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To Lieutenant General John L. De Witt
August 21, 1942 [Washington, D.C.]
Dear De Witt:
I read your radio (No. 235) this morning regarding Tanaga-Adak-Atka.1 I talked to the Navy about it but they have not yet heard from Theobald.
With reference to Theobald’s desires regarding Atka I have these comments to make, which I am embarrassed in giving you because one, of my lack of familiarity with the ground and availabilities, and two, because it might be construed as something in the way of a directive—which it is not. It seems to me that in carrying out FIREPLACE for Adak we should carry out “cover” demonstrations at Tanaga and at Atka and these demonstrations should be set up in such a manner as to involve future possibilities.2
What I have in mind is this—take Tanaga harbor for example—if we could land a small detachment, say 50 or 100 men, with a little tractor, a bulldozer, and a couple of medium antiaircraft guns, they might set up partially concealed tentage to indicate a considerable landing and so handle their antiaircraft guns also to indicate a permanent landing, and at the same time proceed with their tractor or bulldozer to make some progress in smoothing out a landing strip.
If such a detachment were composed of volunteers with a clever leader and if it were possible to obtain a suitable boat and conceal it on the eastern shore (which is not a lee shore) of Tanaga as an escape vehicle in the event of a Japanese landing, we not only would deceive the Japanese, disperse their bombing efforts and possibly delay their discovery of the landing at Adak but we would establish the possibility of the development of Tanaga.
Somewhat the same procedure might be followed at Atka particularly as to dummy camps and a couple of guns to provide the reaction. There however the conditions are different because of harbor facilities, the presence of a mother ship for the seaplanes, and so on.
If these diversions were considered on a large scale undoubtedly they might be found impracticable but I think the Japanese have used this method time after time while we have defeated ourselves by always going into too elaborate a set-up.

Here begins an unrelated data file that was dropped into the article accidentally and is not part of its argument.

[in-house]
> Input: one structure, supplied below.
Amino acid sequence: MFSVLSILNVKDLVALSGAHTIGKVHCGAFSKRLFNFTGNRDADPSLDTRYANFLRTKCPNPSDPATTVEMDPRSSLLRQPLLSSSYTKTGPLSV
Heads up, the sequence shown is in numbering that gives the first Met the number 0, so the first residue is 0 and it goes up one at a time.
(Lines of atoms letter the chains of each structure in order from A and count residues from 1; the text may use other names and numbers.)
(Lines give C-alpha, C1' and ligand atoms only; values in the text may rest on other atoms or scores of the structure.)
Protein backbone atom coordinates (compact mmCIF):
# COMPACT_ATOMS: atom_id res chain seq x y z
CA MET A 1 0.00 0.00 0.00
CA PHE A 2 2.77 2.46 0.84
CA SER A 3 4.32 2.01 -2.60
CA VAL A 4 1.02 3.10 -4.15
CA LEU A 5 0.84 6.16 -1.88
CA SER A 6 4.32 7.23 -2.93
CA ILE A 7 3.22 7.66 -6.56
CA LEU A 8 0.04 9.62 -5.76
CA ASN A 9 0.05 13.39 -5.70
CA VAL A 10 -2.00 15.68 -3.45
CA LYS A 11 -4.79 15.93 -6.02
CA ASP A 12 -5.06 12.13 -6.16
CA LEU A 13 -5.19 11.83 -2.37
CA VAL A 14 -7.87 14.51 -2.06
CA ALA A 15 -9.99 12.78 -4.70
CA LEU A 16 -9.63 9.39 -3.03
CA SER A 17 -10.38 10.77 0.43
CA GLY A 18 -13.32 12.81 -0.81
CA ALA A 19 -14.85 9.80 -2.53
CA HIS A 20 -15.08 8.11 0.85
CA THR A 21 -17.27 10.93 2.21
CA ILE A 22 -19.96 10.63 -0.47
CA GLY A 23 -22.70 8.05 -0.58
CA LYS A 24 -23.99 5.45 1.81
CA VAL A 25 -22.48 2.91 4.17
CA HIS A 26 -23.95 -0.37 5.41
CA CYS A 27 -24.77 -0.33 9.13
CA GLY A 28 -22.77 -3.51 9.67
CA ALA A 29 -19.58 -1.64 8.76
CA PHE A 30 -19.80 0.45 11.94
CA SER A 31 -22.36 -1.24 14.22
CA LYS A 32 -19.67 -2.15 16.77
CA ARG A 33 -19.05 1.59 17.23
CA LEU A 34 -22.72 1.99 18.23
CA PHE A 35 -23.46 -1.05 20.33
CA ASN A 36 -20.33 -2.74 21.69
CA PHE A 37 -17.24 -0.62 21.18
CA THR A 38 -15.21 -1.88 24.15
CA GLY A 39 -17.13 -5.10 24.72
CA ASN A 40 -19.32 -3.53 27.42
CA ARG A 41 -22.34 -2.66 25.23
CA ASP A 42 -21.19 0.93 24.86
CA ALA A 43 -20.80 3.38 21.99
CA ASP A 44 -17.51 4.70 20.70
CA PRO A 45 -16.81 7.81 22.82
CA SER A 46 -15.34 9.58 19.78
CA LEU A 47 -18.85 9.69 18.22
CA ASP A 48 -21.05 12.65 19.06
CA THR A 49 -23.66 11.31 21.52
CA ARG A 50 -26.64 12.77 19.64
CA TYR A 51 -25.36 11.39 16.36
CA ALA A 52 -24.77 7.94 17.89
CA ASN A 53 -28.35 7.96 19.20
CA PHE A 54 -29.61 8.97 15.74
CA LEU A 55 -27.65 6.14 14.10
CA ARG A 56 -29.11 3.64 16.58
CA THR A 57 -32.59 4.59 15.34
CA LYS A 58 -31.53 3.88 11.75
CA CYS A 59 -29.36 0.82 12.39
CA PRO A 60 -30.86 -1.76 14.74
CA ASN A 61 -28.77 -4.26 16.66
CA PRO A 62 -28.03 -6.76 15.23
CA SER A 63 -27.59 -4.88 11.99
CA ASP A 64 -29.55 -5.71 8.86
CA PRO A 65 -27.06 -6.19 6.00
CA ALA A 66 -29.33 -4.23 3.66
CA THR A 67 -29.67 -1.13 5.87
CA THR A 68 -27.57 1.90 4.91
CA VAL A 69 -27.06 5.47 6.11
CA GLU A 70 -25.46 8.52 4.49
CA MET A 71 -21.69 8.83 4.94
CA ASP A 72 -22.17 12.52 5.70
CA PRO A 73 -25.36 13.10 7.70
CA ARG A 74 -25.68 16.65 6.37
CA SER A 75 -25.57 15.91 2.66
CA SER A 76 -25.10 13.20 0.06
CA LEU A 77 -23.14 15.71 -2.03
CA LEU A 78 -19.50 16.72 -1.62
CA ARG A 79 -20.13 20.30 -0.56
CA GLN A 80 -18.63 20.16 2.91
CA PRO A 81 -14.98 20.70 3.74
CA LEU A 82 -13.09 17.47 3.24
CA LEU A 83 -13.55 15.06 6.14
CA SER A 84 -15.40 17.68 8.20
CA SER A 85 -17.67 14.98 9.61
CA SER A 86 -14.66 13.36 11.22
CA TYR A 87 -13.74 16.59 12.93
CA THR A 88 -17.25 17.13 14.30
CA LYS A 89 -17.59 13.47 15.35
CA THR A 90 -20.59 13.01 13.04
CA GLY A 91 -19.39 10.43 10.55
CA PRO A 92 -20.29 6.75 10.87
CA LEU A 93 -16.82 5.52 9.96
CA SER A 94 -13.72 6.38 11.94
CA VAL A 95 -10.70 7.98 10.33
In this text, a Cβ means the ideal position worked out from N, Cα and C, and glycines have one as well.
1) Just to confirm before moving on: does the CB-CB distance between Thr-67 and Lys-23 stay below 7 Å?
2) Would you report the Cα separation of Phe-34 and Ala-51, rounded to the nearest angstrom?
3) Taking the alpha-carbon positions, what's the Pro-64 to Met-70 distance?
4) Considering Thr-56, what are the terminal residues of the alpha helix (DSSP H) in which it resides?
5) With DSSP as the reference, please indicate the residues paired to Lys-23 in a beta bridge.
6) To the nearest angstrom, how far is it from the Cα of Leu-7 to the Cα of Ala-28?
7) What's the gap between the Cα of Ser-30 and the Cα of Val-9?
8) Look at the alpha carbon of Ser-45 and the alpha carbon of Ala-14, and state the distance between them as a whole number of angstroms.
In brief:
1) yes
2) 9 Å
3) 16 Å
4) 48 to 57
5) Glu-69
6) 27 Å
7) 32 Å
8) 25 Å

I pass the foregoing on to you merely as a suggestion as to what it appears to me I would do were I the leader on the ground.
Document Copy Text Source: George C. Marshall Papers, Pentagon Office Collection, Selected Materials, George C. Marshall Research Library, Lexington, Virginia.
Document Format: Typed letter.
1. De Witt was commanding general of the Western Defense Command. His radio message is not in the Marshall papers.
2. The army and navy had been working on plans for a joint offensive in the Aleutians. De Witt had planned to send troops to Tanaga during August if the navy’s forces were prepared to cover the landing. The navy, however, preferred a landing on Adak, sixty miles east of Tanaga, because it had a better harbor, but the army disagreed because it was less suitable for airfield construction. In early August the Joint Chiefs decided in favor of Tanaga, but on the fifteenth Rear Admiral Robert A. Theobald (U.S.N.A., 1907), commander of Task Force 8 (i.e., all naval and air forces in Alaska), advised against occupation of Tanaga because it would present hazardous navigation problems for the navy. When Admiral Ernest J. King withdrew his approval of the occupation of Tanaga, De Witt agreed to occupy Adak. (Conn, Engelman, and Iairchild, Guarding the United States and Its Outposts, pp. 270-72.)
Recommended Citation: ThePapers of George Catlett Marshall, ed.Larry I. Bland and Sharon Ritenour Stevens(Lexington, Va.: The George C. Marshall Foundation, 1981- ). Electronic version based on The Papers of George Catlett Marshall, vol. 3, “The Right Man for the Job,” December 7, 1941-May 31, 1943 (Baltimore and London: The Johns Hopkins University Press, 1991), pp. 310-311.